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Nickel price rose as Indonesia mulls tax on EV battery metal exports

By Indrabati Lahiri

12:00, 19 August 2022

Bank reserve nickel bars arranged in rows
Nickel price inched up on speculations of Indonesia implementing an export tax on the metal soon – Photo: Shutterstock

Nickel rose from recent three-week lows of about $21,475 to $21,984 on Friday morning, spurred by the Indonesian government considering implementing a tax on electric vehicle (EV) battery metal exports.

Indonesia is the world’s largest nickel producer, with an output of about 1 million metric tons in 2021, with the metal being a battery metal, like aluminium and copper and used extensively in electric vehicles. This is the latest step in a long-standing attempt by the Indonesian government to develop its domestic nickel and battery metals processing market.

Indonesia has sporadically banned the export of nickel ore, first in 2014, then in 2017 and finally in 2020, which dealt a huge blow to China, the top nickel importer, accounting for about $2.35bn worth of imports in 2020. This has led to a shift from nickel ore exports to ferronickel and nickel pig iron, both of which Indonesia is now planning to tax as well.

Nickel prices have rebounded from a recent three-week low 

Why is Indonesia taxing nickel pig iron and ferronickel now?

This tax is speculated to be implemented sometime this quarter and is expected to help further develop the country’s domestic stainless steel and nickel producing facilities and generate more income, by hopefully pacing the level of exports, especially to China.

The government is concerned that otherwise, the country’s smelters are likely to over-exploit the country’s abundant nickel resources too quickly, while the nickel price is still fairly low and thus fail to capitalize on its true value later on, when EVs take off more. To this end, Indonesia is also considering capping the number of authorised smelters.

However, with inflation also contributing to higher input and raw material prices, a lot of nickel smelters are still struggling to ramp up production to pre-COVID levels.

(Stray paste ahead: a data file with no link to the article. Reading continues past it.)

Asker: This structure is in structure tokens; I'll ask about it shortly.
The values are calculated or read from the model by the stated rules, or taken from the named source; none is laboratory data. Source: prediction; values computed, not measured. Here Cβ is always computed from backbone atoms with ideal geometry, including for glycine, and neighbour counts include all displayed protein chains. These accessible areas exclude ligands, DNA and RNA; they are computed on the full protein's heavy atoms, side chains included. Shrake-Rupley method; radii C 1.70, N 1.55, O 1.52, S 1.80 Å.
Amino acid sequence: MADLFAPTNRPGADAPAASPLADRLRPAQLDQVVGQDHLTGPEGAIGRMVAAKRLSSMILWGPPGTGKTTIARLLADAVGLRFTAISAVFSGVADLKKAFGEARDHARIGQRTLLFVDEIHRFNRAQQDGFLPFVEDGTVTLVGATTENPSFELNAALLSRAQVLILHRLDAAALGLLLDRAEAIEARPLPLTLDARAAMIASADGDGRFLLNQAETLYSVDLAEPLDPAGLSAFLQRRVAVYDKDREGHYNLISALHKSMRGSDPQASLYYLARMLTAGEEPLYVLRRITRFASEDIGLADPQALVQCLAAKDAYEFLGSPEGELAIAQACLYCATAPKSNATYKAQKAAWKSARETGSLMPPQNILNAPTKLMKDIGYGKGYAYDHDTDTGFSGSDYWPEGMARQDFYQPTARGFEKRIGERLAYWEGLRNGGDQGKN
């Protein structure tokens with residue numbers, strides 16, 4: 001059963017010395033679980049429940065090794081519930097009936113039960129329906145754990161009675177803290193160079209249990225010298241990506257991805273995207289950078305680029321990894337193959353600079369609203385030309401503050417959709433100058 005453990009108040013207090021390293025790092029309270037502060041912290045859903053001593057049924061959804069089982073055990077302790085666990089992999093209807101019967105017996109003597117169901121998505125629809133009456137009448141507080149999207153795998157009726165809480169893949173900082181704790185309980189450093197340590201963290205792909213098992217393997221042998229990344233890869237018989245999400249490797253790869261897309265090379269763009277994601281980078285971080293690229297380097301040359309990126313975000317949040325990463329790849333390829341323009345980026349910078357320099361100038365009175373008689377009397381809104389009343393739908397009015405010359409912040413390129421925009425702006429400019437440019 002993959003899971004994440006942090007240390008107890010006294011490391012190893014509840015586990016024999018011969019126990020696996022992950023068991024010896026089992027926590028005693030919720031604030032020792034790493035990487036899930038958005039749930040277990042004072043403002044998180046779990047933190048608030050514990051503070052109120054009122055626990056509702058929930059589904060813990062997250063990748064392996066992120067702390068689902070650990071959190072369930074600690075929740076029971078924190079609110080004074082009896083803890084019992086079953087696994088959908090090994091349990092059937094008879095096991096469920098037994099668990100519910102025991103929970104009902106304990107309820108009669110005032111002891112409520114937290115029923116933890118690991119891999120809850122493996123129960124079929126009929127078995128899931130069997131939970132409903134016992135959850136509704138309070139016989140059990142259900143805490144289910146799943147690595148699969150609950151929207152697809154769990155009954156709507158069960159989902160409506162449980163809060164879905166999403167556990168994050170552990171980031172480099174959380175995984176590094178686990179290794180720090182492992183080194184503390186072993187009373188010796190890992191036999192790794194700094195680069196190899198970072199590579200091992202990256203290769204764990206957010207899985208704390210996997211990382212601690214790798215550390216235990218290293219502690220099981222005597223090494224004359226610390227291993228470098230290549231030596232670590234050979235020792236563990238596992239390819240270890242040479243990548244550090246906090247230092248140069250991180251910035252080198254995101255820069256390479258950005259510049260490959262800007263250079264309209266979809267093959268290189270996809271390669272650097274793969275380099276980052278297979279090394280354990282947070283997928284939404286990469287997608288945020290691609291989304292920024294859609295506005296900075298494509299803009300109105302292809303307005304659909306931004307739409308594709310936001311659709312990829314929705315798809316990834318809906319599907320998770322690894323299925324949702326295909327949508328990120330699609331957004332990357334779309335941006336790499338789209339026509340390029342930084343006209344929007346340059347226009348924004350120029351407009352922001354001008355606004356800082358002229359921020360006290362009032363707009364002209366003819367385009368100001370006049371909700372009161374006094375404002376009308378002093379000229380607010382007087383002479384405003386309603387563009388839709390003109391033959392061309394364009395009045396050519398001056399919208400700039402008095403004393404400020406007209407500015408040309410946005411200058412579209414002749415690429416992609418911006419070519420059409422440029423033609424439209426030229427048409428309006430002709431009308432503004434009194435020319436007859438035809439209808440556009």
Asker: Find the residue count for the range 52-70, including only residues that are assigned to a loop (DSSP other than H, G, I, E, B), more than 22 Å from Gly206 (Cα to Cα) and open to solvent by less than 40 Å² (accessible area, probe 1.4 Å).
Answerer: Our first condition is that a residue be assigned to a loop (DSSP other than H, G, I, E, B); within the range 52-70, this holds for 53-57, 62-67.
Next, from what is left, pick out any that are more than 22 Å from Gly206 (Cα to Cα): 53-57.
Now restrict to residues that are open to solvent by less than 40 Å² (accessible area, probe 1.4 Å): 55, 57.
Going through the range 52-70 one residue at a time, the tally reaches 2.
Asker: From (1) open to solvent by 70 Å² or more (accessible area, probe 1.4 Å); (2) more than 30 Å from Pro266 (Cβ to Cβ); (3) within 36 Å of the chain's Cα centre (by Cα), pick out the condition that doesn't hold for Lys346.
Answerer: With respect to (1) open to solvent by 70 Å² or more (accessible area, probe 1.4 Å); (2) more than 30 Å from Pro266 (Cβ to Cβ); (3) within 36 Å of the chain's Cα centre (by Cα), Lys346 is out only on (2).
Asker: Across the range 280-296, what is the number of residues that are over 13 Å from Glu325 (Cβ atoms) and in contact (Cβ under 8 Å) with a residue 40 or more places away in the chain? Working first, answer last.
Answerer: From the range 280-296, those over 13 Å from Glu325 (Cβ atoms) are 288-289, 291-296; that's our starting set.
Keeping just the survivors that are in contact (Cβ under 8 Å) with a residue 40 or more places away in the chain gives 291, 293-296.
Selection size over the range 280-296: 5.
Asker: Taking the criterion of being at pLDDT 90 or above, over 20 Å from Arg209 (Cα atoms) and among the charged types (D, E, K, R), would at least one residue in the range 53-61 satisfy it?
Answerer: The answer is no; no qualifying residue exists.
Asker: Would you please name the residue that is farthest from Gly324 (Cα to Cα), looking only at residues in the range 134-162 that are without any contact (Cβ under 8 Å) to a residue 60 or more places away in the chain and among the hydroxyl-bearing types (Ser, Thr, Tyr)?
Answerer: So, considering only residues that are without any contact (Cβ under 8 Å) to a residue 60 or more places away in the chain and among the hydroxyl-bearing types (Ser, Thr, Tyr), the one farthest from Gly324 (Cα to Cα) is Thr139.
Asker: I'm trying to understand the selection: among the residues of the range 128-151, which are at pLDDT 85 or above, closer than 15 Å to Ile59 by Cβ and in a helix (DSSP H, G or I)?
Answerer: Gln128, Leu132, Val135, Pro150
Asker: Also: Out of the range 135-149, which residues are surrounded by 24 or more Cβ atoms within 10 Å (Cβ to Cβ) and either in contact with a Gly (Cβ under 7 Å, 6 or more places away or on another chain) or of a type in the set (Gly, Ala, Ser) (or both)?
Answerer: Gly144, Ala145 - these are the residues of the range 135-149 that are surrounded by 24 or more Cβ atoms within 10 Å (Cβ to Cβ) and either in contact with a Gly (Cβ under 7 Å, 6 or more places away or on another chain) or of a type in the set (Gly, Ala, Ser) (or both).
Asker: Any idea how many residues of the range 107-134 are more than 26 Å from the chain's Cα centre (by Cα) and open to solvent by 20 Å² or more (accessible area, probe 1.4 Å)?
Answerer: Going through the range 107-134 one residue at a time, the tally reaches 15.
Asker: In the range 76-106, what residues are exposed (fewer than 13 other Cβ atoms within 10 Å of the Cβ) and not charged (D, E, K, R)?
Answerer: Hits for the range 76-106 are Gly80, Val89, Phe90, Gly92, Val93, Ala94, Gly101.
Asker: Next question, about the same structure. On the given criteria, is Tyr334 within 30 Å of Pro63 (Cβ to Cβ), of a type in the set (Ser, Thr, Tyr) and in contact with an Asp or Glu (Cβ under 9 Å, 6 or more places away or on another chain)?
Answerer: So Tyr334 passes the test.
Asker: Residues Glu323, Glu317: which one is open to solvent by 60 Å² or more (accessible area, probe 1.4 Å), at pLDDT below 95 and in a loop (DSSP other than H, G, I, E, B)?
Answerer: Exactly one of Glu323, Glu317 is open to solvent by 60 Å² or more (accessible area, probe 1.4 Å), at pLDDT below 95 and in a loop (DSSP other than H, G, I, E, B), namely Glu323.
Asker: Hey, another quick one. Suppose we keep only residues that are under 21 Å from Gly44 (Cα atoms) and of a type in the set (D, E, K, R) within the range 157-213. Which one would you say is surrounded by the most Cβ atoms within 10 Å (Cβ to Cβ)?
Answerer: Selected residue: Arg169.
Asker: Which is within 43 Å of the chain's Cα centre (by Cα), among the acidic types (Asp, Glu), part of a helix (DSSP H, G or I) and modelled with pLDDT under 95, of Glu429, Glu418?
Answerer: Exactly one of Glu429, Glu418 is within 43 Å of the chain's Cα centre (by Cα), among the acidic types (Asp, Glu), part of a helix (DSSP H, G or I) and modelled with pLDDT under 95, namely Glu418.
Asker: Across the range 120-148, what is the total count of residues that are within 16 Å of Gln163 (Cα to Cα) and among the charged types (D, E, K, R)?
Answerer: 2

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Could this tax take away from stainless steel and give to battery metals?

Although this tax was originally intended to boost investment in stainless steel production facilities, for which nickel is also used, this may actually prompt more of a shift to battery metal products, which are seen as more profitable right now. Ranking highest among these are electric vehicle batteries, which Indonesia is very keen on producing domestically.

As such the government has been trying to convince major electric vehicle companies such as Tesla (TSLA) to start producing its batteries in Indonesia, as well as Chinese groups such as Tsingshan Holdings to expand their existing operations in the country.

Could nickel be making a comeback to the global market?

Nickel has been facing an extremely volatile few months since March this year, with the effects of Russian sanctions, as well as a notorious short squeeze by Tsingshan Holdings. This has led to the London Metals Exchange (LME) stopping nickel trade intermittently, as the 145-year old exchange struggled to handle the volume of trades.

This led to other global exchanges such as the Chicago Metal Exchange to step in to fill the nickel gap, however, it was not enough, with a number of smelters already having had to shut down due to a scarcity of supplies.

Indonesia is thus in a powerful position right now, as the largest nickel producer and this tax could be instrumental in bringing nickel back to the global stage in force, as well as boosting prices in line with a rise in electric vehicle demand and production.

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